A move by Birmingham City Council to cut costs and protect jobs by transferring responsibility for school meals, cleaning and other education services to a social enterprise company has been scaled back after officials discovered a “magnitude of barriers” standing in the way of the idea.
Leaders of the city’s Tory-Liberal Democrat coalition decided a year ago that a novel way of delivering Government spending cuts would be by setting up an arms-length organisation called Services for Education, or S4E.
The aim was to save the council up to £10 million a year on back office costs, while also giving loss-making services a chance to survive by competing for business with the private sector.
But the failure to cover start-up costs as well as difficulties in protecting local government pensions for the 4,090 staff involved forced a re-think.
Only the schools music service, the health education services and the Learning and Assessment Service will now form S4E.
A substantial part of the £52 million external schools services – cleaning, caretaking, school meals, residential learning centres – will remain under council control for the time being, placing a question mark over their long term viability.
The Education Scrutiny Committee heard that council subsidies to the Outdoor Learning Service have been reduced to nil as part of the cuts package.
The decision led to a 146 per cent increase in charges to schools wishing to use council-run outdoor centres, resulting in a “very significant reduction” in bookings. The service has already lost 54 per cent of its market share this year to privately-run centres.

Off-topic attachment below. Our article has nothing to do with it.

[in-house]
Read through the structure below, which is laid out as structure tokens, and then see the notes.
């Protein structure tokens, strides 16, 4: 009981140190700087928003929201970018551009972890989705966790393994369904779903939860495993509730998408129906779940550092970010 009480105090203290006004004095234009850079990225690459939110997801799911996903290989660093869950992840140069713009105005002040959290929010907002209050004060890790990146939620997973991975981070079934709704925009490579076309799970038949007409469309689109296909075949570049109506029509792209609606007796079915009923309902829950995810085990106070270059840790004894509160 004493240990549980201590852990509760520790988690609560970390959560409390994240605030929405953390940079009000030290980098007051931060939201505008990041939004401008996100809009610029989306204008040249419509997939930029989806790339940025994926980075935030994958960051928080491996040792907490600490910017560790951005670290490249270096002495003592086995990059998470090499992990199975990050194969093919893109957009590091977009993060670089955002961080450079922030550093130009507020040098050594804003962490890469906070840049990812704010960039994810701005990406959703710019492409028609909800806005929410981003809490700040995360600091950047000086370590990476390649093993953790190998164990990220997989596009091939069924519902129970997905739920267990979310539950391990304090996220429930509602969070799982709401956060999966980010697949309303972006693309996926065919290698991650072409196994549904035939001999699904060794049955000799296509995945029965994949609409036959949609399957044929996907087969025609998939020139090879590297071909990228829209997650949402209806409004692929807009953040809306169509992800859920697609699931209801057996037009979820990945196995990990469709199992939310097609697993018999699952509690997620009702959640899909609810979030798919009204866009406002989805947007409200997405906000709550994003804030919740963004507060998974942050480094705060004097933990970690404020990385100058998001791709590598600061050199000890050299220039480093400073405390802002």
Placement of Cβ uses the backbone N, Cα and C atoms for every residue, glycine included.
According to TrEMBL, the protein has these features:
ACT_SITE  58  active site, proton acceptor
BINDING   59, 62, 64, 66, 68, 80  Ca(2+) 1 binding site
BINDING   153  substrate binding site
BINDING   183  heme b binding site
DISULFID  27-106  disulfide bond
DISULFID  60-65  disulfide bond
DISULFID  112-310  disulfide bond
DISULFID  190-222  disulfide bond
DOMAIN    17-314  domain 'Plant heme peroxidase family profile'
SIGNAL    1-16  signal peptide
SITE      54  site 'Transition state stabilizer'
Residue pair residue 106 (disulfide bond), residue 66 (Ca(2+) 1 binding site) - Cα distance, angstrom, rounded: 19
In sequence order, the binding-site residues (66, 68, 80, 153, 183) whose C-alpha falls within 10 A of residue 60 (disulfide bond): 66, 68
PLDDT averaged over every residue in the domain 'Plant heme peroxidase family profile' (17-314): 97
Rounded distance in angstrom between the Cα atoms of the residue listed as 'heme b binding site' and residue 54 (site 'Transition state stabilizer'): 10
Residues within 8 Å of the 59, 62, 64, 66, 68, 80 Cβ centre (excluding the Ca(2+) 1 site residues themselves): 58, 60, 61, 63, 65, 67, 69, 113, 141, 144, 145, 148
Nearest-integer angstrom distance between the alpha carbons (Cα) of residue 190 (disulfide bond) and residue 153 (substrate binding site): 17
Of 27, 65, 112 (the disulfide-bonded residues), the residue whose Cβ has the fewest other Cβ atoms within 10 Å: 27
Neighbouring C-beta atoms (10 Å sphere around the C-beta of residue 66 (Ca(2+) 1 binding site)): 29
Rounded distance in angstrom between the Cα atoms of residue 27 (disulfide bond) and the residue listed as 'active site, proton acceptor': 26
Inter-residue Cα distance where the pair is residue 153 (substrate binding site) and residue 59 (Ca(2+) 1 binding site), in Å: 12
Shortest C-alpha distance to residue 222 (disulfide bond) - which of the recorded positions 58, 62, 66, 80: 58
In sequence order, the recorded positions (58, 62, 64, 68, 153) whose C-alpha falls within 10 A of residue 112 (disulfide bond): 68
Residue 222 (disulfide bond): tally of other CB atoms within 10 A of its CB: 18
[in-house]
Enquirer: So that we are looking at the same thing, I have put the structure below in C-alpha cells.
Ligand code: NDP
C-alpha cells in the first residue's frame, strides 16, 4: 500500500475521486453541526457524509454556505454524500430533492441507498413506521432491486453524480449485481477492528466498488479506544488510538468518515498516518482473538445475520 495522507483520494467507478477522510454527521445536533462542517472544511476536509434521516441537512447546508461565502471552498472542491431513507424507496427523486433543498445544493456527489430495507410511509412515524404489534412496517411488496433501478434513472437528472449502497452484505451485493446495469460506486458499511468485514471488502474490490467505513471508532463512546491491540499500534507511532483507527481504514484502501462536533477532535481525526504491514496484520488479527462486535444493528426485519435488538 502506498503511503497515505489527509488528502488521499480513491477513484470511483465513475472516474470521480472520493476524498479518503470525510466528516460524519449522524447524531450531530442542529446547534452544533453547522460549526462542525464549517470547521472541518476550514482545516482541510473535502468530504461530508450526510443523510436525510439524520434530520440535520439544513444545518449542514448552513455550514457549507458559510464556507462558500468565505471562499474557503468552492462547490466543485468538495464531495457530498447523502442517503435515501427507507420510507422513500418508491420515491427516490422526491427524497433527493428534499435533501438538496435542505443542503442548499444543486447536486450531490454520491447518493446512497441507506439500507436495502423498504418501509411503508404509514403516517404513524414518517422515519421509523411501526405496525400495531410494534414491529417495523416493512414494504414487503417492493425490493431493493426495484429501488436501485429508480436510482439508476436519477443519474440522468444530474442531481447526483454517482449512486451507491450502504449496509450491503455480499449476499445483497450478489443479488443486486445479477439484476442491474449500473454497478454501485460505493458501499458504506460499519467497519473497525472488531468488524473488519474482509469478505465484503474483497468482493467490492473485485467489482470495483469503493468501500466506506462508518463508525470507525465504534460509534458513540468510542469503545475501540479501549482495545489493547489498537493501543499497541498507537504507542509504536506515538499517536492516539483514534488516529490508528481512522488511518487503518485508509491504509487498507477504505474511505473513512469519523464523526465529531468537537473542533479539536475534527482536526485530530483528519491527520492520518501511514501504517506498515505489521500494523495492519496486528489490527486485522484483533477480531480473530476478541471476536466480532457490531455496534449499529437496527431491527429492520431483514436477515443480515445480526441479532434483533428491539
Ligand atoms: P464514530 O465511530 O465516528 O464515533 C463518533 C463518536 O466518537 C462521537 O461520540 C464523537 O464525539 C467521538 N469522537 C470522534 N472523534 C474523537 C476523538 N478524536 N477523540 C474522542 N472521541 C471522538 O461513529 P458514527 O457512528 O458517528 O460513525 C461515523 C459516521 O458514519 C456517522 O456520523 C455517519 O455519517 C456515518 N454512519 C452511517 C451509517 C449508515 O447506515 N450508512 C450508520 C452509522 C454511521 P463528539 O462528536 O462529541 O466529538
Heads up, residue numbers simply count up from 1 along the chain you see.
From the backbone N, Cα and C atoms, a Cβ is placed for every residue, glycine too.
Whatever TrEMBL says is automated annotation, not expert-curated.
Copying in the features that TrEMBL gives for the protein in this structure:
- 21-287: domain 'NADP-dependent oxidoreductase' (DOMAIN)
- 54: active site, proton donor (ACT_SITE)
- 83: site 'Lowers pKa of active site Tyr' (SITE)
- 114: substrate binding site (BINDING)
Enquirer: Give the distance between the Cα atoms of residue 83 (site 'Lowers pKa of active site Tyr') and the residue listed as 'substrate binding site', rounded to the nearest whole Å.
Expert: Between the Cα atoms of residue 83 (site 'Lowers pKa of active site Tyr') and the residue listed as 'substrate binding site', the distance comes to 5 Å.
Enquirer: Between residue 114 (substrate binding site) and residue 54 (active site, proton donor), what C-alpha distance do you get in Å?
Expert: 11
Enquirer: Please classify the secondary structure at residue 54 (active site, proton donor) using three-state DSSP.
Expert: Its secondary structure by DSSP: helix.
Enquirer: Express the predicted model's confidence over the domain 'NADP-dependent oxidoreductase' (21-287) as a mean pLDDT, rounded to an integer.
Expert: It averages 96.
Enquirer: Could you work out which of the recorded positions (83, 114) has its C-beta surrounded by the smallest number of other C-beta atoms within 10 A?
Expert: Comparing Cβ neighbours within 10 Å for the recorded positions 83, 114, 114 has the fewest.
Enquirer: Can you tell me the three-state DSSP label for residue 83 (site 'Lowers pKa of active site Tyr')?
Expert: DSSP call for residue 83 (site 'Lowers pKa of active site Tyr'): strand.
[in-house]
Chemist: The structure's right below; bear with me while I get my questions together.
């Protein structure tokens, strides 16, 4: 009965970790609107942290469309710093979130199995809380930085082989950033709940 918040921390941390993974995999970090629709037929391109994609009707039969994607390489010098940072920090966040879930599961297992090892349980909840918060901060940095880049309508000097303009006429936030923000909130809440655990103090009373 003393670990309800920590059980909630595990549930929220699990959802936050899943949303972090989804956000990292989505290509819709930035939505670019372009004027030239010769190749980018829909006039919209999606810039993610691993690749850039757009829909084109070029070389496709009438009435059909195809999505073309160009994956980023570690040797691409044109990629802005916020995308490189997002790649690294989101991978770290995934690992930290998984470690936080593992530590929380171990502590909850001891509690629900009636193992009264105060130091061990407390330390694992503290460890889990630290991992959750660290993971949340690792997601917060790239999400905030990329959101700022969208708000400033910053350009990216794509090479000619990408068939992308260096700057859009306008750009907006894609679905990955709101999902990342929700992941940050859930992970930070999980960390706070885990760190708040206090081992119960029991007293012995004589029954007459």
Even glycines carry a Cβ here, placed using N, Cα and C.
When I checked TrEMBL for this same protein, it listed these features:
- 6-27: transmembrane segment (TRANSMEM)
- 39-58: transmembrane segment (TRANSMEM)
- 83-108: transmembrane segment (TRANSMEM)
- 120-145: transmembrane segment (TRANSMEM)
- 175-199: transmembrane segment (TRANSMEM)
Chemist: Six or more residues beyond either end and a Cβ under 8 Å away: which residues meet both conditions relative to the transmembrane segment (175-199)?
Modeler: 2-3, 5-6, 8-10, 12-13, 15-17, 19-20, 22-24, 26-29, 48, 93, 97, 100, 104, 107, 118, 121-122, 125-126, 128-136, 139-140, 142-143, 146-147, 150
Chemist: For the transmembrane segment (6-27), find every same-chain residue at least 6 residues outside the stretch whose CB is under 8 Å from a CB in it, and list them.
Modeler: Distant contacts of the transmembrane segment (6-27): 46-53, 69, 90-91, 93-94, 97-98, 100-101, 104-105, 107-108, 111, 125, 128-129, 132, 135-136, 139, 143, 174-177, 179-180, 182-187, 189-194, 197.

Meals, cleaning and caretaking, which was supposed to form the backbone of S4E, have seen an “alarming decline” in orders from schools because charges are seen to be too high, Strategic Head of schools Services David Perkins told the committee. He said “predatory” private firms were offering special deals that included providing new canteens for schools prepared to sign a long-term meals contract with them. This was something that the council had no chance of matching, and as a result was losing business at an alarming rate.
He added: “The service needs urgently to revisit its charging structures to schools, and potentially restructure itself to reflect this changing environment.”
Doubts remain over the likelihood of the slimmed-down S4E proving successful. The council is yet to identify any funding to meet the company’s human resources and IT requirements as well as insurance and bills for administrative services.
Although the council insists it is on course to deliver more than £220 million of savings this year, difficulties over schools services represent the latest setback for the cuts timetable.
Social services faces a £33 million funding gap after moves to scrap home care packages for adults with substantial needs were declared unlawful.